In the last days of April, another wave of strikes was spreading in Upper Silesia and social tension was growing. Taking into account the possibility of a spontaneous outbreak of fights and the disturbing information from the Inter-Allied Plebiscite Commission, Wojciech Korfanty decided to convene a conference of Polish political and military leaders in Bytom. A decision was made to start the uprising. According to some historians, the chairman of the Inter-Allied Ruling and Plebiscite Commission in Upper Silesia, General Henri Le Rond, decided to support the Poles. The beginning of the uprising was preceded by the publication in the press of information about German plans to destroy industrial plants that were assigned to Poland.
The beginning of the Third Silesian Uprising
On 2 May, a general strike of Polish miners and workers began. On the same day, the commander of the POW Lt. Col. Maciej Mielżyński, under the pseudonym Nowina-Doliwa, handed over to Warsaw the decision to start the uprising. The first reaction of the capital was negative. However, it was quickly agreed that on the international forum the government of the Republic of Poland would present insurgent activities as an armed demonstration in defense of Polish interests. The goals of the fight defined by Mielżyński were slightly different: “to destroy, wherever possible, German military organizations, to take as much of Upper Silesia as possible […], to prove to the whole world that Silesia, which was oppressed by the Prussian yoke for hundreds of years, is Polish and wants to belong to the Republic of Poland.”
On the night of 2-3 May, the uprising began. It was headed by Korfanty, who also proclaimed himself its dictator. “We will achieve victory at any cost, and there is no such strongman in the world who would be able to restrain us in German chains,” he wrote on 3 May in an appeal to his countrymen. Władysław Sikorski: “The armed movement is considered a desperate necessity both by Commissioner Korfanty and by me. About its possible success I can say this: people are under great tension, ready for anything, they morally outweigh the Germans, although they are materially weaker.” In his opinion, it was impossible to postpone the fight any further, because “it would completely demoralize my organization, whose zeal and courage is the first condition for victory.”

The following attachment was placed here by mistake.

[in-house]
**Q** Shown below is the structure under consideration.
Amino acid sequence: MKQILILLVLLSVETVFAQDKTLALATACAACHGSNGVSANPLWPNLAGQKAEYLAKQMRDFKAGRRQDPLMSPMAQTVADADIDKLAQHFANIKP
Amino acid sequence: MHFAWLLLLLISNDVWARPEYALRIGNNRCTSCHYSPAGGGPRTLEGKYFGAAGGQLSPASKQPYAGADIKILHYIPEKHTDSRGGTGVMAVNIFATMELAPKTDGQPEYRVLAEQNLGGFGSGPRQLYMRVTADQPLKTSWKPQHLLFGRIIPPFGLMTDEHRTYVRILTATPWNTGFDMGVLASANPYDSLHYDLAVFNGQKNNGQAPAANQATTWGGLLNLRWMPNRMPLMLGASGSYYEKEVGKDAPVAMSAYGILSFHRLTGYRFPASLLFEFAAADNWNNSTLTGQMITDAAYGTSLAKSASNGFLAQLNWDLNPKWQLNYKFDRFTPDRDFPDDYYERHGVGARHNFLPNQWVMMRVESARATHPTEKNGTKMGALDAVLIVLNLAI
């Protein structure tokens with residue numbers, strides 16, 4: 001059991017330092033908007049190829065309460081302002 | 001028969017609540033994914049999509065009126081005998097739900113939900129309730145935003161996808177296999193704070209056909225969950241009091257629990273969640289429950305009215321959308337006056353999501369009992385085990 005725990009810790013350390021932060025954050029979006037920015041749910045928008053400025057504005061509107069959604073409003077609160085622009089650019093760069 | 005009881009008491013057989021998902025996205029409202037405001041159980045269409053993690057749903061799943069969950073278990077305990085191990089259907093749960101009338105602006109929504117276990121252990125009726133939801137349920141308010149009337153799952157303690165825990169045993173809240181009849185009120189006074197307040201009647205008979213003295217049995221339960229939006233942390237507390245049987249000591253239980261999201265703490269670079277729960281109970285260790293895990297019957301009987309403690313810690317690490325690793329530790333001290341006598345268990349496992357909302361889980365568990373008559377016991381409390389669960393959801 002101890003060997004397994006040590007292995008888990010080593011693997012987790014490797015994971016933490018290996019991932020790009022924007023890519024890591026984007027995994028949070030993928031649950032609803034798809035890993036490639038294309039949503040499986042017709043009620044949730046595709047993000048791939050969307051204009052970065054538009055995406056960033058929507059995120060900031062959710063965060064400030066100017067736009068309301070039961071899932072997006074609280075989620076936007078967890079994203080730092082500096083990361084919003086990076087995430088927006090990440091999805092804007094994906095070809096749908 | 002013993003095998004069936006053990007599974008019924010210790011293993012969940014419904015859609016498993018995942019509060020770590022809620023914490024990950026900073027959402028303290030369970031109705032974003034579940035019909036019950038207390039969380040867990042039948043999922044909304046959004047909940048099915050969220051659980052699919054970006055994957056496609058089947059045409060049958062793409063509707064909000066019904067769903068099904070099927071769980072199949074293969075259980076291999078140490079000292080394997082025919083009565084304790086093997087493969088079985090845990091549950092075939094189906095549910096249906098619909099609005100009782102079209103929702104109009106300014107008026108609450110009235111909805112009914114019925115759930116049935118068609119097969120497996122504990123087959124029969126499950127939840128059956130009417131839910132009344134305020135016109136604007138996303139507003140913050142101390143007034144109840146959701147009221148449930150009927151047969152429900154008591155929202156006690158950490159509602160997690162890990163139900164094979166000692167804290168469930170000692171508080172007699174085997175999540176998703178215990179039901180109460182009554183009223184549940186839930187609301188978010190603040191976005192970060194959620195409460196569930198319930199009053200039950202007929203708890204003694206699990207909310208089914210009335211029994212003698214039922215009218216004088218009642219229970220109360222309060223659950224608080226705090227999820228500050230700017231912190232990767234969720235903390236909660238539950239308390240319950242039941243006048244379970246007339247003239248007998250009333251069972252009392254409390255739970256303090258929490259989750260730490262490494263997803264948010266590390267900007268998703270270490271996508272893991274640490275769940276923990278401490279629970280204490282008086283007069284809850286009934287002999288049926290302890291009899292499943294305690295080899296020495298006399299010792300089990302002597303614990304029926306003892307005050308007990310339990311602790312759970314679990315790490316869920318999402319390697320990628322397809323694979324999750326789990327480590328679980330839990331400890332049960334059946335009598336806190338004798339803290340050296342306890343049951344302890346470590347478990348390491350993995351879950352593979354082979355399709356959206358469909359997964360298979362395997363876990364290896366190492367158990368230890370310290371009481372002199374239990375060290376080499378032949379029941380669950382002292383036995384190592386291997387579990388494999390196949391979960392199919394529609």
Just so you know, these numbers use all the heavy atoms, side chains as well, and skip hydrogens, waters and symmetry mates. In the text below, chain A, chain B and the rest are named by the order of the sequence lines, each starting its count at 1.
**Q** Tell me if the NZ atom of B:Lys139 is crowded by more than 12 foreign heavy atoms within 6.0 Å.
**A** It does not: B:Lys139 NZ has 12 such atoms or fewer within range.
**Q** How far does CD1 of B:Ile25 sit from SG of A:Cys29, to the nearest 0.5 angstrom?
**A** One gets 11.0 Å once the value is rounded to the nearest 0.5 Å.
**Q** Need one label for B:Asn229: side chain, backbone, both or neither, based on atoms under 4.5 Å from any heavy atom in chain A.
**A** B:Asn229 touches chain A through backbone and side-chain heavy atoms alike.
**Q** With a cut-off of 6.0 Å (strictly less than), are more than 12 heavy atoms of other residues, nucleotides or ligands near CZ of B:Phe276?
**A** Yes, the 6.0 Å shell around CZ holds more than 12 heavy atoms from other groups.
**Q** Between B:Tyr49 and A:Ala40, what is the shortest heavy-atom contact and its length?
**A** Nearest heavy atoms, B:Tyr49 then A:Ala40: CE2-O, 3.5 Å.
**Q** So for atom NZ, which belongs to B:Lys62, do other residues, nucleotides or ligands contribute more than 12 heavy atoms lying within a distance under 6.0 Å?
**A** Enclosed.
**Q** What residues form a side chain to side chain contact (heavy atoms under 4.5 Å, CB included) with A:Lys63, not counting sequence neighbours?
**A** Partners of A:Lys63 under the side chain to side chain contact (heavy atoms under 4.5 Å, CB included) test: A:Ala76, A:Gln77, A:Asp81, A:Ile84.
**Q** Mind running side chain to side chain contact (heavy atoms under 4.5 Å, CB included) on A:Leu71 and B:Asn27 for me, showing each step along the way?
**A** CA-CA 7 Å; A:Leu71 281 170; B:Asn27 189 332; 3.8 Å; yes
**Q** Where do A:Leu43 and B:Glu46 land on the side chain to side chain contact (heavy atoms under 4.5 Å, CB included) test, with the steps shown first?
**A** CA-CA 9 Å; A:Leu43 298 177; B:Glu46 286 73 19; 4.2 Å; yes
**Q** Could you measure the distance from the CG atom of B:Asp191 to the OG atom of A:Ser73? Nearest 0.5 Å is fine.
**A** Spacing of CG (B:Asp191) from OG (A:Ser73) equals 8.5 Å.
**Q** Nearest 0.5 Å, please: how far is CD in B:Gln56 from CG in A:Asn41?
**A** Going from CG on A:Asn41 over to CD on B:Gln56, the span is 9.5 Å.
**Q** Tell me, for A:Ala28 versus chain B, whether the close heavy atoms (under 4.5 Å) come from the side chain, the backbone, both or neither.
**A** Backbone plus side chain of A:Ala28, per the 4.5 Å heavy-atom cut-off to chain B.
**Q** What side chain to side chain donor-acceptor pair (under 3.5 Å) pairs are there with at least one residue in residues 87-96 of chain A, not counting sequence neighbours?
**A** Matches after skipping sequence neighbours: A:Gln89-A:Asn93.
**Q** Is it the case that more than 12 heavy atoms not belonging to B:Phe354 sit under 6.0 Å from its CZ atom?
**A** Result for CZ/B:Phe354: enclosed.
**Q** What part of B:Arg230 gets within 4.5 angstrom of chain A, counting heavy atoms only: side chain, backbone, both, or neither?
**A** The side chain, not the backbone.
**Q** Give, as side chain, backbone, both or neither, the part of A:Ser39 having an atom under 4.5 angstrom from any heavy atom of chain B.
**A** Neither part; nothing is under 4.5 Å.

There were 40,000 POW members armed with only 38 000 rifles, 540 machine guns and 70,000 grenades. The ammunition could be enough for two or three days of fighting. The forces of German militias numbered around 30,000 people. Nearly 16,000 soldiers and policemen waited on the border of the plebiscite area.
Góra św. Anny
The uprising began with the takeover of the telephone and telegraph network. Sapper troops blew up most of the bridges on the border of Upper Silesia and Germany. Many soldiers taking part in this action did not manage to reach the remaining insurgent forces and died in the fighting or were murdered by the Germans. Their effort, however, turned out to be invaluable for the fate of the uprising, as it allowed the continuation of the large-scale offensive until 10 May and the achievement of the so-called the Korfanty line, i.e. the line postulated by the leader of the future state border. The great cities of the region were also temporarily seized, but later the insurgents were pushed out of them.
The strategically important region of Góra św. Anny
On 10 May, representatives of the Allied states demanded in Warsaw that the government give an order to stop the fighting. The government of Wincenty Witos officially banned any support for the insurgent forces, but in fact they turned a blind eye to the crossing of the border with Upper Silesia by volunteers from all regions of Poland. At the same time, France threatened Germany that in the event of an intervention by regular German forces, French troops would occupy the western regions of Germany. Poles also enjoyed the “benevolent neutrality” of the Allied troops occupying Upper Silesia. British and Italian troops were definitely hostile. The attitude of the former was “commemorated” in one of the insurgents’ songs: “O honor to you cheaters from London, For streams of Silesian blood shed, We wield a rifle, do not fear the deed, we shall liberate beloved Silesia.”
Moods unfavorable to Korfanty